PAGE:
The Complaints Commissioner has recommended the Financial Conduct Authority (FCA) issue a public apology to the whistleblower in the Connaught case, owing to its ‘lack-of care’ in its treatment of him and ‘regulatory failure’.
Earlier today in a separate report, the Complaints Commissioner heavily criticised the regulator for its handling of the collapsed Connaught Series 1 Income Fund, following an IFA complaint, and it was announced there will be a third-party review of the way the regulator handled it.
Investors are understood to have lost as much as £100 million in Connaught, which invested in bridging loan firm Tiuta, when it went into liquidation in September 2012.
The Connaught fund was suspended in April 2012, but over a year before this, the chief executive of Tiuta, George Patellis, contacted the FCA’s predecessor, the Financial Services Authority (FSA), bringing evidence of alleged fraud and financial insolvency into the FSA, but his initial concerns were not addressed by the regulator before the fund collapsed.
In May New Model Adviser® revealed the FCA apologised privately for its ‘poor treatment’ of Patellis following his complaint over the way the regulator treated him.
The FCA upheld some parts of the complaint, and offered Patellis £500 for the inconvenience caused. He has since declined this award.
MPs criticised the FCA’s response, with, parliamentary under-secretary in the department of trade, Mark Garnier, saying the offer of £500 ‘seemed rather patronising’.
Patellis was not satisfied with the FCA’s ‘partial’ apology and went to the Complaints Commissioner.
Today it released its response which said while ‘the FCA’s complaint response goes some way to acknowledging the FSA’s deficiencies in this matter but does not go far enough’.
It recommended the FCA issue a public apology to Patellis.
Patellis said the Commissioner had laid bare a 'festival of ingnorance'.
'Overall I'm pleased with the Commissioner's findings,' said Patellis. 'I believe he was fair and looked at the facts. I wish he had gone a bit deeper into the evidence I provided and more on the disproportionate blame heaped on IFAs. It is gratifying to see that after a six year festival of ignorance the truth is coming out.'
The first element of Patellis’ complaint related to inadequate actions by the regulator after he blew the whistle on Tiuta in 2011.
‘Patellis approached the FSA in January 2011 in his capacity as chief executive of the Tiuta Group to report concerns about the firm’s financial situation. He was interviewed by the FSA in March 2011 and a few days later asked to provide evidence that he had been asked to bring to, and had offered to supply at, the meeting,’ the Complaints Commissioner report said.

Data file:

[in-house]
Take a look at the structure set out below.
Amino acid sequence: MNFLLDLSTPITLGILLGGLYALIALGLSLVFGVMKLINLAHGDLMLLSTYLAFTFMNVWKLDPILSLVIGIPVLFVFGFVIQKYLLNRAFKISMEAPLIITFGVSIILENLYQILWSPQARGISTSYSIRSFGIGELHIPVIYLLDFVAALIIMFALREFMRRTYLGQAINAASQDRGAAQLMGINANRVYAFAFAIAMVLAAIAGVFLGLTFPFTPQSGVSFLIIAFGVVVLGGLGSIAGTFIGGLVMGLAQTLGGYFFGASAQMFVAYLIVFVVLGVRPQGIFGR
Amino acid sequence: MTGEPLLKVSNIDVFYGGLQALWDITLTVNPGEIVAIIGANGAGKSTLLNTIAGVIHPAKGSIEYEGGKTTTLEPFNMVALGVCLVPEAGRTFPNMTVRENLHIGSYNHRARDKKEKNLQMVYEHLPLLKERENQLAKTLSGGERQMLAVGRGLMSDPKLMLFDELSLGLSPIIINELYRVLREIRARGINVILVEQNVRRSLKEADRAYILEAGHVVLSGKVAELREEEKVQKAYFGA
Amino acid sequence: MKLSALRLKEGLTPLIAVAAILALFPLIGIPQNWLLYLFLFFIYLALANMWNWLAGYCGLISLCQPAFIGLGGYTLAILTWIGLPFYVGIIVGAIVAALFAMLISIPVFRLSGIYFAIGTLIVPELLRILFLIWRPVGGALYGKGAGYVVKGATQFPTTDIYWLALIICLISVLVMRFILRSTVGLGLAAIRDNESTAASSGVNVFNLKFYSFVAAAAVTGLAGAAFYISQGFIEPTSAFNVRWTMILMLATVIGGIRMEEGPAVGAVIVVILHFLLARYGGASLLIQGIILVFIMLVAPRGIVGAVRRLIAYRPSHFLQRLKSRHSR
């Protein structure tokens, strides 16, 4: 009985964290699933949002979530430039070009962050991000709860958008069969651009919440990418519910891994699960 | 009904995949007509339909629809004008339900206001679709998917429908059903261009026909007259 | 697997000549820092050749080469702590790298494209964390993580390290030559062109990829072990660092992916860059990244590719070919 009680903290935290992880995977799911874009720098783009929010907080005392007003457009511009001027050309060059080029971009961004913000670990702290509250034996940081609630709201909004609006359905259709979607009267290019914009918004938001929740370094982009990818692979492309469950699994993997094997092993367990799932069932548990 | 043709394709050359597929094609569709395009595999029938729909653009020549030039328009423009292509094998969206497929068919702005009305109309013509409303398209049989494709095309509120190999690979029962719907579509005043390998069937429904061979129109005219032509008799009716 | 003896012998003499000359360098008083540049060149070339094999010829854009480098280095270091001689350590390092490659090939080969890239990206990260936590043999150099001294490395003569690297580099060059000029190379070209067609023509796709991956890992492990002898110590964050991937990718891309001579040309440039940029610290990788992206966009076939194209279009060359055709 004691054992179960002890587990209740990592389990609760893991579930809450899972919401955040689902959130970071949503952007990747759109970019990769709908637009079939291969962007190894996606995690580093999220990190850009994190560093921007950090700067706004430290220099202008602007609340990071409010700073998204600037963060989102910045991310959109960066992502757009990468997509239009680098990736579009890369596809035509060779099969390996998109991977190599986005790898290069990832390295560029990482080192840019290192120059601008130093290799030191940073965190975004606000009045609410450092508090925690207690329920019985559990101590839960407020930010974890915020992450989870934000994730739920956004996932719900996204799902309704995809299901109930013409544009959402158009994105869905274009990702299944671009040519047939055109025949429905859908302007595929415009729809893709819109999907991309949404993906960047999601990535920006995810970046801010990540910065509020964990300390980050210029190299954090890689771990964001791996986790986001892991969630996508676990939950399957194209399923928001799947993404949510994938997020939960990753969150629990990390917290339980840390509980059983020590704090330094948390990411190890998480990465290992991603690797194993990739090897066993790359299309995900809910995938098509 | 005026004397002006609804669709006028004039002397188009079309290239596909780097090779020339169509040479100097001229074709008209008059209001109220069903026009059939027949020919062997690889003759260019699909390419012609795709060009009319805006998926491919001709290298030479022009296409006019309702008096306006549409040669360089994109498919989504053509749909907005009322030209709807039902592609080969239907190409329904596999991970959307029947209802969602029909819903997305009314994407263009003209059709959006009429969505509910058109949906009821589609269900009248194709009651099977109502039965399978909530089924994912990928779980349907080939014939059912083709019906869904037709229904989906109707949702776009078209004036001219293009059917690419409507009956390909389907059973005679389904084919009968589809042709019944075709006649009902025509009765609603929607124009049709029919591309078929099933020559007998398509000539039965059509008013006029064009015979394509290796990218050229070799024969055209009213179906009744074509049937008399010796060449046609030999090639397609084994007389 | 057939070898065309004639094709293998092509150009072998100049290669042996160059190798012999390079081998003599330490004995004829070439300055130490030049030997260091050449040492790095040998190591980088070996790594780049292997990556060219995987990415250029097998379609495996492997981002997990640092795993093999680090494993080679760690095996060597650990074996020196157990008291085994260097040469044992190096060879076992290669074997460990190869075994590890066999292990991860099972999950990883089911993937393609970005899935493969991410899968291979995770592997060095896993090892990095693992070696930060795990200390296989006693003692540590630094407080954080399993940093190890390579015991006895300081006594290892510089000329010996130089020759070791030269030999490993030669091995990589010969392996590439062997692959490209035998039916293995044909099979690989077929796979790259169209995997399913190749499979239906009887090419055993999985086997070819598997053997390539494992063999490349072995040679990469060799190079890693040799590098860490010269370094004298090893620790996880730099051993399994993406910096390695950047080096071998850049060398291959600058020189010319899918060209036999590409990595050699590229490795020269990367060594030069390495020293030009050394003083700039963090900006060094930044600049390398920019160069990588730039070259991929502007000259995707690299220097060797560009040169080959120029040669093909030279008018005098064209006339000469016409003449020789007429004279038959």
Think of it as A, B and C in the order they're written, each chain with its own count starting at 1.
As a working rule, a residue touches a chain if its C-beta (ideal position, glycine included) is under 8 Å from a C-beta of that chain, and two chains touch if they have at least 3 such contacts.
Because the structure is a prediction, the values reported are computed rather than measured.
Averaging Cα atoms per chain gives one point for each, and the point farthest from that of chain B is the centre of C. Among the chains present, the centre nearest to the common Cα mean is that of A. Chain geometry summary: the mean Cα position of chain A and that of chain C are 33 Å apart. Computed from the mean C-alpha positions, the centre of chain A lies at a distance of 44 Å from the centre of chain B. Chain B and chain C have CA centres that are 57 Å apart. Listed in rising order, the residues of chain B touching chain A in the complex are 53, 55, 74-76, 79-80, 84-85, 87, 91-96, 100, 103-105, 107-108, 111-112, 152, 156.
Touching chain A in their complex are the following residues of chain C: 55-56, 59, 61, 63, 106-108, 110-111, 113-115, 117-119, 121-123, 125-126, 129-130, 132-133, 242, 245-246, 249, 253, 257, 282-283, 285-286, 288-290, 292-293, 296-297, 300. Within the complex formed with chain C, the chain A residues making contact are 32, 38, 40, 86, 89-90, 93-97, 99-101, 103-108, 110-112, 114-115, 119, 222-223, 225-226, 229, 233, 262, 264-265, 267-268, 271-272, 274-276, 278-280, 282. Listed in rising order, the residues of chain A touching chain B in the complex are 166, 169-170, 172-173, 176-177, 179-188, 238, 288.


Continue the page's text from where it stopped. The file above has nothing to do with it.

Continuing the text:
He alleged that fraud was being committed as Tiuta, with Connaught’s agreement, ‘was using funds it received to redeem loans as a revolving credit facility to run its business instead of paying off the loans and releasing the charge certificates at the Land Registry’.
In its original response, the FCA said it did ‘not consider that we had sufficient evidence of fraudulent activity’ to refer the matter to the police. It also said that because only 5% of Tiuta’s activities were regulated, that the regulator was limited in what it could do.
However the Complaints Commissioner has said although no law enforcement agency has established that fraud was committed; the regulator did not do enough to determine whether or not fraud was being committed at the companies in the first half of 2011.
The report said: ‘The evidence strongly suggests that, despite considerable activity, the FSA’s approach was uncoordinated, fragmented, and was focused upon narrow issues of jurisdiction rather than overall consumer detriment. This was despite much of the evidence (some of it significant and dating back two or three years) about the larger picture being available to the FSA in 2011.’
Specifically the Complaints Commissioner pointed out that from February 2011 onwards, the regulator was aware that Tiuta was technically insolvent. In January 2011, Patellis told the FSA that his chief finance officer had found a £20 million shortfall in accounts and it was later found in August 2012, that there was a loss of £23.5 million in the accounts.
When Patellis initially contacted the regulator he was not classed as a whistleblower. This element of his complaint was upheld by the FCA in the summer and this point was agreed with by the Complaints Commissioner.
The Complaints Commissioner said that the regulator relied too heavily on the accountants BDO monitoring the firm and it ‘did not take its own decisive action based on the information BDO did provide about Tiuta’s financial stability and solvency’.
The report also repeated the line in its response from earlier today that the regulator attempted to shift responsibility away from its own possible ‘regulatory failings’ to IFAs through messaging around it being a mis-selling issue.
The conclusion of the report said: ‘The evidence does not suggest that the regulator was simply too slow to reach its conclusions: it suggests that, despite a long build-up of evidence pointing to the risk of serious consumer detriment, it failed to act in a coordinated fashion, and failed to involve other agencies when it clearly ought to have done so.’
As well as a public apology, it recommended that Patellis is given an offer of a further £1,000.
Patellis said: ‘I'm exploring the next steps with my lawyers and it's far from over.’